Constant a is orbit's semi-major axis in AUs, distance from orbit's center to orbit's aphelion, Q.

Constant μ is Solar Standard Gravitational Parameter.  TE proposes μ = 887.123 AU km²/sec². to quickly compute velocity as kilometers per second (kps).



The orbital plane intersects a reference plane; for solar orbits, it is the ecliptic plane. The intersection is called the line of nodes, as it connects our sun, Solar System's center of mass, with the ascending and descending nodes.

Orbital inclination measures the tilt of an object's orbitIt is the angle between a reference plane and the object’s orbital plane or axis.

Precise observations of an asteroid’s orbit will determine:

  • Perihelion, q, the closest distance to Sol, our sun.
  • Aphelion, Q, the farthest distance from Sol.
For the Solar System, the reference plane is usually the ecliptic, the plane in which the Earth orbits the Sun.
This proves very practical for Earth-based observers; thus, Earth's orbital inclination is by definition zero (0°).

Inclination is one of the orbit’s six orbital elements which describe its shape and orientation compared to the ecliptic.

An inclination of 30° could also be described using an angle of 150°.

BY CONVENTION,

  • the normal orbit is prograde, an orbit in the same direction as the planet rotates.
  • Inclinations greater than 90° describe retrograde orbits.
Calculation
Components of the calculation of the orbital inclination from the momentum vector
In astro-dynamics, the inclination i can be computed from the orbital momentum vector h (or any vector perpendicular to the orbital plane) as
While most planetary orbits in the Solar System have relatively small inclinations, both in relation to each other and to the Sun's equator.
However, there are notable exceptions.  See following table:





17.14°
11.88°
15.55°
10.62°
--
9.20°
35.06°
--
34.43°
5.58°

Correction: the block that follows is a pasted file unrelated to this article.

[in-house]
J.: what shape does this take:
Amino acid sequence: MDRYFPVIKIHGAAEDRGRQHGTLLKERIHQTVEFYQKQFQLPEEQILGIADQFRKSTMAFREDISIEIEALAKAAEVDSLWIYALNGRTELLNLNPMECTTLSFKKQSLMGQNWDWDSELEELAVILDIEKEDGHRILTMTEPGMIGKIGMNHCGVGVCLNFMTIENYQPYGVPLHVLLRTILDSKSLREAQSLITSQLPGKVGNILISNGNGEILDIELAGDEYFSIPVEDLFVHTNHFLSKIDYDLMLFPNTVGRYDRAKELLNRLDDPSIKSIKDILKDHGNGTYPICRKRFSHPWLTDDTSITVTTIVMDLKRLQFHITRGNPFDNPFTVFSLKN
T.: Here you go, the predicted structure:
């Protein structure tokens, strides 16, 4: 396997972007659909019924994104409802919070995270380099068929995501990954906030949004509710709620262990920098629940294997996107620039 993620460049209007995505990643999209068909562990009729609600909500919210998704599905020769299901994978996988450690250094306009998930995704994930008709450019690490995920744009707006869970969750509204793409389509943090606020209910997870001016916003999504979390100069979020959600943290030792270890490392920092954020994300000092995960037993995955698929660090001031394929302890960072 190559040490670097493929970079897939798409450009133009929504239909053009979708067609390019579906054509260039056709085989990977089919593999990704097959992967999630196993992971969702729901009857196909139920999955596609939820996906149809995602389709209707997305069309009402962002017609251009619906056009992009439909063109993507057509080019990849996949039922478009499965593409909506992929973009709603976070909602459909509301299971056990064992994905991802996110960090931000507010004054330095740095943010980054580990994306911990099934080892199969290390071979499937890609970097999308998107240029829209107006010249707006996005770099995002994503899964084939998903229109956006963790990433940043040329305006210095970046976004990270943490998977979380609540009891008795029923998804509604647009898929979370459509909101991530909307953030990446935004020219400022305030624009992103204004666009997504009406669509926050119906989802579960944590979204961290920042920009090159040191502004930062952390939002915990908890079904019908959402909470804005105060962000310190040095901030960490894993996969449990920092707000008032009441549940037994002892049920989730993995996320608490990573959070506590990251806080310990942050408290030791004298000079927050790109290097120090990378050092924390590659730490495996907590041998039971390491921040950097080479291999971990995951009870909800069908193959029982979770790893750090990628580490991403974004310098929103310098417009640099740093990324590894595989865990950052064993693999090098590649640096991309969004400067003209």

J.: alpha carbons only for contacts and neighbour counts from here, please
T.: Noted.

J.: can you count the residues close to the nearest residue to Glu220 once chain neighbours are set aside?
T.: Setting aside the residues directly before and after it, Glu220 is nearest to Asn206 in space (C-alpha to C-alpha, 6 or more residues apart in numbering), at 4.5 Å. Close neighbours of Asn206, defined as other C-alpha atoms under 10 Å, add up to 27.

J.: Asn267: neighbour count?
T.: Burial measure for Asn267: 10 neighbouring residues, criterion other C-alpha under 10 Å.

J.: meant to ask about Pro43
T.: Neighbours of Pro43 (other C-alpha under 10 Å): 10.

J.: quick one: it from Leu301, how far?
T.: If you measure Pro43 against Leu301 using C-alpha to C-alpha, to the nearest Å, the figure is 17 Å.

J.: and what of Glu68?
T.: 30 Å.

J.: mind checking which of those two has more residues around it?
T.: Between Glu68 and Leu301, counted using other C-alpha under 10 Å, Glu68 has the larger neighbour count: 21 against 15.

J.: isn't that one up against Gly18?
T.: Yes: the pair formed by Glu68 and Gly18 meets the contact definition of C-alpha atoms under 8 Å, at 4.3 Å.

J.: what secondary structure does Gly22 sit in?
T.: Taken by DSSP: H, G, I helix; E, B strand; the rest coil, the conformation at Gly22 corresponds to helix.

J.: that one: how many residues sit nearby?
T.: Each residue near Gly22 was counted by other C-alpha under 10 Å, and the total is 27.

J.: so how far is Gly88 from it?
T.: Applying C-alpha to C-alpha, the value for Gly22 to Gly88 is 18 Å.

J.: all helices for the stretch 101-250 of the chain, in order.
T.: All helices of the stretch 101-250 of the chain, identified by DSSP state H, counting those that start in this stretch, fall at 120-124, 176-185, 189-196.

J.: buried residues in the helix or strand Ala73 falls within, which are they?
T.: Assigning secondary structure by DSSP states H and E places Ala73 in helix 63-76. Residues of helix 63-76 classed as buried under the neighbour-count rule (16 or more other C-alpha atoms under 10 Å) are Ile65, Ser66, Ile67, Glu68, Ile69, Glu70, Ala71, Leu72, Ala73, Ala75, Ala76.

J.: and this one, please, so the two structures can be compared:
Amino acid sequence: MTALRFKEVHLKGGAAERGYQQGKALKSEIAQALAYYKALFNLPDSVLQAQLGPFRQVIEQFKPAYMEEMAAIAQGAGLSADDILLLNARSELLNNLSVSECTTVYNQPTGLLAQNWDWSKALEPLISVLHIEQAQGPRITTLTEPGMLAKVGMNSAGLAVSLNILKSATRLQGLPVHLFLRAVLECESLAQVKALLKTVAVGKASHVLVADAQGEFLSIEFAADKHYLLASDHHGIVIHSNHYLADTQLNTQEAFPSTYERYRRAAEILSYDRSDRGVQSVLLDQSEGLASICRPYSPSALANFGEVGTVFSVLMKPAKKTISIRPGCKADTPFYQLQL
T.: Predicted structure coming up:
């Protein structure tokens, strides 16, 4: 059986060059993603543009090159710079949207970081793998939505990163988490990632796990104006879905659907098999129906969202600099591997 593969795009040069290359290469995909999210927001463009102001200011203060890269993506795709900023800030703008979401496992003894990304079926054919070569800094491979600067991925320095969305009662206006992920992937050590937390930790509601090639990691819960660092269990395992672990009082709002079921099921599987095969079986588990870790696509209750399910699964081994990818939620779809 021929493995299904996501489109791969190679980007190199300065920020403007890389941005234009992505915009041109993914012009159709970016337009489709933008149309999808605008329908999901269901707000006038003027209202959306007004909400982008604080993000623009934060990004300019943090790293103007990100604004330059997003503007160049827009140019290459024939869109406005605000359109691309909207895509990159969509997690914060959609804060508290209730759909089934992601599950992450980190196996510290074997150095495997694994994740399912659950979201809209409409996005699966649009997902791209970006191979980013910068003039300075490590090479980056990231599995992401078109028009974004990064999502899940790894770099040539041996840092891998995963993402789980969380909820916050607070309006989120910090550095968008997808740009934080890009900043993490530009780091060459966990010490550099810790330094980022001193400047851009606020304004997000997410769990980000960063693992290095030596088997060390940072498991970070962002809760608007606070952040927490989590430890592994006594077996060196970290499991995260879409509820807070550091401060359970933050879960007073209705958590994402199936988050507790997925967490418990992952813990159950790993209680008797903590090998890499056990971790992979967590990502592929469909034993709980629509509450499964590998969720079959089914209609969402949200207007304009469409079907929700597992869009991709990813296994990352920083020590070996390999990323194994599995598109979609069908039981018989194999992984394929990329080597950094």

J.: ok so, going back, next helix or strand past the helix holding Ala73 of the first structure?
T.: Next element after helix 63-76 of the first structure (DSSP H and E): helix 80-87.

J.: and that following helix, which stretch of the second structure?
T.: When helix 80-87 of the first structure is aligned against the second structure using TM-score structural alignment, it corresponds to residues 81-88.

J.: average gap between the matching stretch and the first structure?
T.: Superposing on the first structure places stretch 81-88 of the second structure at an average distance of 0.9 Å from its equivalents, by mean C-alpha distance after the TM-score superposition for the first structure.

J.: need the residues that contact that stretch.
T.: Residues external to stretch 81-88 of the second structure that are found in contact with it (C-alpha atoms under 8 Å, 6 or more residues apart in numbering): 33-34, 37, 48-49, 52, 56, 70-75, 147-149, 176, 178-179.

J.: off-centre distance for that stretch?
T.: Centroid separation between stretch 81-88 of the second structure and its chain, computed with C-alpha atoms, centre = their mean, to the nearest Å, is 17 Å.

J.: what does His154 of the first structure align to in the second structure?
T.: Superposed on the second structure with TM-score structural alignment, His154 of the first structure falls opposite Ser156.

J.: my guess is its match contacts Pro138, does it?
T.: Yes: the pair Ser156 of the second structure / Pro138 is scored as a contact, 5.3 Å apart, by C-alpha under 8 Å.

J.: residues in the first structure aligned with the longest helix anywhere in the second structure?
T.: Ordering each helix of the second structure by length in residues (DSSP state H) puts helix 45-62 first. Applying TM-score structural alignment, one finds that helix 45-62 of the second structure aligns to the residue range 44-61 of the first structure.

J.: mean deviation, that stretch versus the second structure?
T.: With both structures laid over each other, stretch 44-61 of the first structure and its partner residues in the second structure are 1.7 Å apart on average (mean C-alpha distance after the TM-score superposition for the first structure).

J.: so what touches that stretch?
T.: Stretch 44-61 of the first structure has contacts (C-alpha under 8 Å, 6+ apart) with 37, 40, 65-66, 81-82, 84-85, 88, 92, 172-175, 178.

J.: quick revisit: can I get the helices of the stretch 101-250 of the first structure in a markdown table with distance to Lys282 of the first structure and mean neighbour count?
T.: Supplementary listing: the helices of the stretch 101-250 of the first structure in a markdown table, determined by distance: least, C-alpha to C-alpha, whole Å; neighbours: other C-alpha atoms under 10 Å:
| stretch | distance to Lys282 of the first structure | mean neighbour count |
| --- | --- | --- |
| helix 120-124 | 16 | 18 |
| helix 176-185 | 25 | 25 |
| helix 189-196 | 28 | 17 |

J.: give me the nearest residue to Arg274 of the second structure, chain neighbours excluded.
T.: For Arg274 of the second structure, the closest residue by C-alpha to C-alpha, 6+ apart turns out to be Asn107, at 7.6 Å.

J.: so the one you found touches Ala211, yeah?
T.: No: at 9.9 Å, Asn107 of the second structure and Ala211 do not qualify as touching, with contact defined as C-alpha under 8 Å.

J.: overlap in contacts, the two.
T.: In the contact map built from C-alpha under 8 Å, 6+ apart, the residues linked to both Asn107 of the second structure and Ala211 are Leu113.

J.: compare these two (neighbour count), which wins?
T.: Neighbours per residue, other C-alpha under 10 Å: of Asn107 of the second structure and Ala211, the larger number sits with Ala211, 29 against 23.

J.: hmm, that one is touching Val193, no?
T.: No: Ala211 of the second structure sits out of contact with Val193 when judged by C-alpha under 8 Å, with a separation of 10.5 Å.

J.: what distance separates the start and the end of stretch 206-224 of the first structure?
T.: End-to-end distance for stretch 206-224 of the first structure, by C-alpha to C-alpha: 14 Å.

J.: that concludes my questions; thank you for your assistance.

--
7.13°
Asteroid
6.35°


Other meaning

For planets and other rotating celestial bodies, the angle of the equatorial plane relative to the orbital plane — such as the tilt of the Earth's poles toward or away from the Sun — is sometimes also called inclination, but less ambiguous terms are axial tilt or obliquity.
The angle of intersection of a reference plane
Used in sentence:
The astronomer calculated the inclination of the orbital planes of each visible heavenly body.
References
^ Chobotov, Vladimir A. (2002). Orbital Mechanics (3rd ed.). AIAA. pp. 28–30, . ISBN 1-56347-537-5.
^ McBride, Neil; Bland, Philip A.; Gilmour, Iain (2004). An Introduction to the Solar System. Cambridge University Press. p. 248. ISBN 0-521-54620-6.
From Wikipedia
http://en.wikipedia.org/wiki/Orbital_inclination
Inclination is one of the six orbital parameters describing a celestial orbit
Of these six parameters, two of them orient the plane of the object's orbit:




















  • Longitude of the ascending node (Ω) horizontally orients the ascending node of the ellipse (where the orbit passes upward through the reference plane) with respect to the reference frame's vernal point.
  • Inclination (i) is the vertical tilt of the ellipse with respect to the reference plane. i is best displayed at the ascending node (where the orbit passes upward through the reference plane). Inclination is best measured by the orbital plane's angle (in degrees) to the plane of reference (usually the ecliptic).The ecliptic is the Earth's orbital path; thus, the plane containing the ecliptic is a very practical reference for Earth-bound observers